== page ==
Saturday, January 20, 2018
The Hill op-ed: The Next Tax Reform: Internet Sales Tax, by Hayes Holderness (Richmond):
On Jan. 12, the U.S. Supreme Court decided to hear the case of South Dakota v. Wayfair. If you haven’t been following along, this is a big deal and may affect households across the country — it’s about internet sales taxes.
The Wayfair case pits the “Kill Quill” movement against internet retailers. As riveting as it sounds, this isn’t a new Quentin Tarantino film about sales taxes. The Kill Quill movement is a group of state tax administrators, brick-and-mortar retailers and their allies, whose goal is to overturn the ruling in the 1992 Supreme Court case of Quill Corp. v. North Dakota. With the current court agreeing to hear the Wayfair case, Quill looks to be on its last breath.
Why has Quill attracted a whole aggressively named movement against it? The court’s decision in this case said that a state cannot make a retailer collect sales taxes if the retailer does not have a physical presence in the state. Quill is the reason you aren’t charged sales taxes on some internet purchases. It’s also the reason the states lose billions of sales tax revenues each year. A recent paper by University of Tennessee professors Donald Bruce, William F. Fox and LeAnn Luna [E-tailer Sales Tax Nexus and State Tax Policies, 68 Nat'l Tax J. 735 (2015)] observed that those losses were estimated to be $11.4 billion in 2012 and were “likely continue to grow rapidly, at least for the next several years."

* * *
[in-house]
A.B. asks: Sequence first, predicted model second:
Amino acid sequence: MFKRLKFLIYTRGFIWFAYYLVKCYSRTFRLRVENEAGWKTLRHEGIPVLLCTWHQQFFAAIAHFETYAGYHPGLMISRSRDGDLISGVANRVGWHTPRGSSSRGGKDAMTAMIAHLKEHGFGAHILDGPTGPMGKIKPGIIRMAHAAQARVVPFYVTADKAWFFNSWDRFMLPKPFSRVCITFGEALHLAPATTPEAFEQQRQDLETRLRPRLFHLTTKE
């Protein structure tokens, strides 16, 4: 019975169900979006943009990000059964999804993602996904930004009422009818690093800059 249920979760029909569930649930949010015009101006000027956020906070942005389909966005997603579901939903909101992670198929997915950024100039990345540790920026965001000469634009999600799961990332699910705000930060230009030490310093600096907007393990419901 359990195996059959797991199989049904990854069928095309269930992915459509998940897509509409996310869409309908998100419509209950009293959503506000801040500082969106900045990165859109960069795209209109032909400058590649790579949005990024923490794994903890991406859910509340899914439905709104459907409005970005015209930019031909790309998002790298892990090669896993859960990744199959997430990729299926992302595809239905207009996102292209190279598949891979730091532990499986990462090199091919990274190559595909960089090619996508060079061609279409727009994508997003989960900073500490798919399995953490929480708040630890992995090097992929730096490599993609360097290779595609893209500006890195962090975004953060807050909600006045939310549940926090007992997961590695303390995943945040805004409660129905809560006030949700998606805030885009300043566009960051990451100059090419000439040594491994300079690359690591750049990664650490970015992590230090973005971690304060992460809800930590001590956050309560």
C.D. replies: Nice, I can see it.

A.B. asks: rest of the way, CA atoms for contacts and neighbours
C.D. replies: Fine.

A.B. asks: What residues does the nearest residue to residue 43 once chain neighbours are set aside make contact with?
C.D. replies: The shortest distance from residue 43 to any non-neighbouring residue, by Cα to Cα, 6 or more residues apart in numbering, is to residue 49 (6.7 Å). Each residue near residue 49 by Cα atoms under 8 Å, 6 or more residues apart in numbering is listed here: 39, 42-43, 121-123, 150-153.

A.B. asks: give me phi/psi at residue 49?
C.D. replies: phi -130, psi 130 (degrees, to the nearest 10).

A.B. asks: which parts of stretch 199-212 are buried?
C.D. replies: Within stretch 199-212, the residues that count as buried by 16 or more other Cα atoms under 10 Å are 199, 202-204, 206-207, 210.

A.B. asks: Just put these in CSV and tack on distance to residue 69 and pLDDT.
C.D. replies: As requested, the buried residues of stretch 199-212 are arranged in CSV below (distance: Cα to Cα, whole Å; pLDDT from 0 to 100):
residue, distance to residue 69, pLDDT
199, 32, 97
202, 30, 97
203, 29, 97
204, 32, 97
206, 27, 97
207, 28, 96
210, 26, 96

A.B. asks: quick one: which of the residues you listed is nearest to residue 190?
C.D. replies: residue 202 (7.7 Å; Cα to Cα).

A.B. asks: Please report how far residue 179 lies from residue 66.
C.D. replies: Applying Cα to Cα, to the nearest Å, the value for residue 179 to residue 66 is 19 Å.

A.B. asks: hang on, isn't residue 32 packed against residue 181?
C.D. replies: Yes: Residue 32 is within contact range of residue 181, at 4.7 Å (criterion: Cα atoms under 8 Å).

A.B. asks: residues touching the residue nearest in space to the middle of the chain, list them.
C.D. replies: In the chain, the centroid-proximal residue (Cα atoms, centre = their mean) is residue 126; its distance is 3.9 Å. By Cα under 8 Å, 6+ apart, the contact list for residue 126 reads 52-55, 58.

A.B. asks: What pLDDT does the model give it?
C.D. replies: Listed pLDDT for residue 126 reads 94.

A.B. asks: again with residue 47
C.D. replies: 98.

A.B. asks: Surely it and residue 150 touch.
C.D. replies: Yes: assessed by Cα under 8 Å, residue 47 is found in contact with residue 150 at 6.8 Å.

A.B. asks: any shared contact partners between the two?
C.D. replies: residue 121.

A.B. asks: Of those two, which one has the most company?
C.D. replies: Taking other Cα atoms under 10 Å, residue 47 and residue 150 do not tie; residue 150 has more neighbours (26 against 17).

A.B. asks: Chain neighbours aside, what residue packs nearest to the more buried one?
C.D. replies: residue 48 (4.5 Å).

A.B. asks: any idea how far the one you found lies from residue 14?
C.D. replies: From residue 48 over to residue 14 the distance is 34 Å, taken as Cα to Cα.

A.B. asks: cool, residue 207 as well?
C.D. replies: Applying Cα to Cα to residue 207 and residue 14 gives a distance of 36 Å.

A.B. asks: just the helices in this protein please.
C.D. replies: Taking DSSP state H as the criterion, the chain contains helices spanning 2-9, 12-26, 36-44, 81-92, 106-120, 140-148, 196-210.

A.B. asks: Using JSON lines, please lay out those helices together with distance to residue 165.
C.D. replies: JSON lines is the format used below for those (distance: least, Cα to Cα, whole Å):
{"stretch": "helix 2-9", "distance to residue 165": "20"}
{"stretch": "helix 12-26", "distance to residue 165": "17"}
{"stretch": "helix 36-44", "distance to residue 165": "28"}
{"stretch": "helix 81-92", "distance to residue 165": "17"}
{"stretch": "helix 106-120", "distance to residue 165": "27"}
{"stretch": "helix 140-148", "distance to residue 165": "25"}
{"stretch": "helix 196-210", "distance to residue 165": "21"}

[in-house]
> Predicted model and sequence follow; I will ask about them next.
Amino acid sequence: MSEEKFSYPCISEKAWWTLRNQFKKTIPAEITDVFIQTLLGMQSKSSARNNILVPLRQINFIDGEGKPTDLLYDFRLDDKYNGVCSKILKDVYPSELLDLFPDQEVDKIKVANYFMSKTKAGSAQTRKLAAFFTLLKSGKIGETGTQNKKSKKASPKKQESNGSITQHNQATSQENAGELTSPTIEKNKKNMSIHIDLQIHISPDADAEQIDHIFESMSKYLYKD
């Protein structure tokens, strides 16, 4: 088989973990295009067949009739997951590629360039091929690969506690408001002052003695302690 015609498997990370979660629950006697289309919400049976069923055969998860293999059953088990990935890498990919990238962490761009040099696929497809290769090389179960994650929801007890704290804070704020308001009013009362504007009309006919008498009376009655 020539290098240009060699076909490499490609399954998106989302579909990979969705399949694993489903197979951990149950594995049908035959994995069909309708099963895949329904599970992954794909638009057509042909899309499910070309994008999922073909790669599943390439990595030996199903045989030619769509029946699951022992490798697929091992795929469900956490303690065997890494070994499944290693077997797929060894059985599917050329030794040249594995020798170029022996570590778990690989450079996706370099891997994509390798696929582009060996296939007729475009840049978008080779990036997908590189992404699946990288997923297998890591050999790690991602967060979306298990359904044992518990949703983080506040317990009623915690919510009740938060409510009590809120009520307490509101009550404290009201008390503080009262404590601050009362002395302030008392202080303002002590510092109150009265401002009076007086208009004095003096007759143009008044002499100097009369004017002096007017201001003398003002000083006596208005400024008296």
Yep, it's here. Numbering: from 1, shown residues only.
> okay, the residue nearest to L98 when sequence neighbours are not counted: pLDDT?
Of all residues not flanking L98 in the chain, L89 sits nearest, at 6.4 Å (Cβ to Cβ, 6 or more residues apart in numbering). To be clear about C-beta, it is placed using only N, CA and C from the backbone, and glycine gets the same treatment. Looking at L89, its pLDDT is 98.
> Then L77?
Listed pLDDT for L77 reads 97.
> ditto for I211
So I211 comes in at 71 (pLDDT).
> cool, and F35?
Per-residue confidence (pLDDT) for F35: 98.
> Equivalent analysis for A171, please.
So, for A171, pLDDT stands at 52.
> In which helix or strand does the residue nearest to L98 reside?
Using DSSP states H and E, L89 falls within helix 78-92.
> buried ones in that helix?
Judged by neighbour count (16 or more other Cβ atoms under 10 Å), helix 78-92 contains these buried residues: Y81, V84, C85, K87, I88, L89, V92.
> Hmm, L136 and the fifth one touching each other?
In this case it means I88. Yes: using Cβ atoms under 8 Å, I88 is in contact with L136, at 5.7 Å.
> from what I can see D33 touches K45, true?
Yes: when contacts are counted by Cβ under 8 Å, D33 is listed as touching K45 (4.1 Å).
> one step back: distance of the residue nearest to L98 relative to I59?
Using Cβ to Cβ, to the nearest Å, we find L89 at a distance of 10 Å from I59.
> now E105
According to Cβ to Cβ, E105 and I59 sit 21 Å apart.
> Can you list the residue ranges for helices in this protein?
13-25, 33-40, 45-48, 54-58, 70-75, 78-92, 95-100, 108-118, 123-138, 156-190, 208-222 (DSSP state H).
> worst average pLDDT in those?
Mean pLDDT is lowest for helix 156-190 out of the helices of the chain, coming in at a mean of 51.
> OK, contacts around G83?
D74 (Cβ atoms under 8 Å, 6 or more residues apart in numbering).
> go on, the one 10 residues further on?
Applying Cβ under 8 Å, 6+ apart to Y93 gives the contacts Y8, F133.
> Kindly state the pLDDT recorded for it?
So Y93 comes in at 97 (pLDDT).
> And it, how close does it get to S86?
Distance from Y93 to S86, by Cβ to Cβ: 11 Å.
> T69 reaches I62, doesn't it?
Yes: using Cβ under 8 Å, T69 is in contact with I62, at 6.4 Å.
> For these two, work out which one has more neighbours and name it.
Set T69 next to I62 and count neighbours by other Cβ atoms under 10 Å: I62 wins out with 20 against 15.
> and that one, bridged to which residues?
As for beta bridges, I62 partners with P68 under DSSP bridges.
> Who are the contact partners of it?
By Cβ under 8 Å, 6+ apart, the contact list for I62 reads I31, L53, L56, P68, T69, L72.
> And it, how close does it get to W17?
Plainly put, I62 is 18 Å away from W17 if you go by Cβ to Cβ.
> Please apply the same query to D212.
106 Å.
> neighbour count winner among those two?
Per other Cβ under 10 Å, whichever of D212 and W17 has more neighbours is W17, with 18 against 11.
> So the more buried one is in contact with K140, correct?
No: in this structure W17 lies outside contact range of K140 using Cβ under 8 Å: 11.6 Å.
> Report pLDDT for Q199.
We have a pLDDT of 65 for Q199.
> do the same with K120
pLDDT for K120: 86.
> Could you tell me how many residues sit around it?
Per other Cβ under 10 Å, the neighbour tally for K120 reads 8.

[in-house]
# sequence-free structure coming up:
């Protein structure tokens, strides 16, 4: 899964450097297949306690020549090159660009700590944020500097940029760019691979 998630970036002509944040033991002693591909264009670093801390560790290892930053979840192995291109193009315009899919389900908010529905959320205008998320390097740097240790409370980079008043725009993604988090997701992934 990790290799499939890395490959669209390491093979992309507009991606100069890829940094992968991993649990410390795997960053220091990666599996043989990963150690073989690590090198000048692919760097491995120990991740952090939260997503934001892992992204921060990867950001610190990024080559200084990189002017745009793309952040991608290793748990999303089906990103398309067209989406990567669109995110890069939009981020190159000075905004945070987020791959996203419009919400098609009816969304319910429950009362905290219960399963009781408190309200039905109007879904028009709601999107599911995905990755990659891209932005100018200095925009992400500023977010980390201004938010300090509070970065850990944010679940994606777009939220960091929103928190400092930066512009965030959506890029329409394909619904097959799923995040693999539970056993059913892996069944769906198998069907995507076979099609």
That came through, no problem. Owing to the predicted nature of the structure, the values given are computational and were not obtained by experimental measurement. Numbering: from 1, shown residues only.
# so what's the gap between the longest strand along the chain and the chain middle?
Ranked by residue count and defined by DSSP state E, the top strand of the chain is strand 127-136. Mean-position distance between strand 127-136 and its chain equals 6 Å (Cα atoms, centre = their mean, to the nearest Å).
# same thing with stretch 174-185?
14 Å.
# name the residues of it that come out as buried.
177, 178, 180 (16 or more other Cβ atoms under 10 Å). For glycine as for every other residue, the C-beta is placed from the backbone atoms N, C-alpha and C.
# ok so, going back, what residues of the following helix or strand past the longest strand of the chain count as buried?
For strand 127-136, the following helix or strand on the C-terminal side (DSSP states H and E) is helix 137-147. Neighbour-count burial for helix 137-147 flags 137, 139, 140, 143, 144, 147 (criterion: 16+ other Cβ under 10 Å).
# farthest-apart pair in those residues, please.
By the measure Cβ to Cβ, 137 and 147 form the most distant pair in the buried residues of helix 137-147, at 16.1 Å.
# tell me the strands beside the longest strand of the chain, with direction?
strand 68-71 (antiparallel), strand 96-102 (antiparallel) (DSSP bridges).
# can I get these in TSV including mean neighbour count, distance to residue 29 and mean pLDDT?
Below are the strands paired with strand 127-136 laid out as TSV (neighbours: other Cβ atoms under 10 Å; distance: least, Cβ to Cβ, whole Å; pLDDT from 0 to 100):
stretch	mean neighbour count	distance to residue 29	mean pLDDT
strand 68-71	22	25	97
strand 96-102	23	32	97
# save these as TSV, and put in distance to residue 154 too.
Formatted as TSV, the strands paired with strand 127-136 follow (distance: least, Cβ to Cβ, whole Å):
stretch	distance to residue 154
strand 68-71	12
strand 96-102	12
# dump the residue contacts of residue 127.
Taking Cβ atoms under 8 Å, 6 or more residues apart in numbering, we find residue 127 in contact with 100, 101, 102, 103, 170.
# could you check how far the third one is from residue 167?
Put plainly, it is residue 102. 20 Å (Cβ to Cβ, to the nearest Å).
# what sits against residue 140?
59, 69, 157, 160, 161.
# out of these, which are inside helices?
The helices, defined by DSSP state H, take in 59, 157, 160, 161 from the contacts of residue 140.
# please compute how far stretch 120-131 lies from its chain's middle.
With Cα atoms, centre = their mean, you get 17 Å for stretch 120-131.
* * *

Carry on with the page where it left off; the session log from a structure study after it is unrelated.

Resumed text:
Not only that, one only has to look to the rise of Amazon to see how taking advantage of the physical presence rule gives internet retailers a leg up on their brick-and-mortar competition. Though Amazon now collects taxes in every state, other retailers — such as Wayfair, Newegg and Overstock.com, the plaintiffs in the Wayfair case — still rely on the rule to avoid tax collection obligations. ...
Hard work remains for the Kill Quill movement, but the end of its mission is in sight. I’d wager that the court is ready to put Quill to rest and establish more basic limitations on the states’ ability to tax internet sales. But even if the Kill Quill movement fails in the Wayfair case, you can expect the battle over internet sales taxes to continue — the movement is as tenacious as The Bride, the protagonist of Tarantino’s two-part “Kill Bill” movie. Keep an eye on this one, or maybe just on your online checkout carts.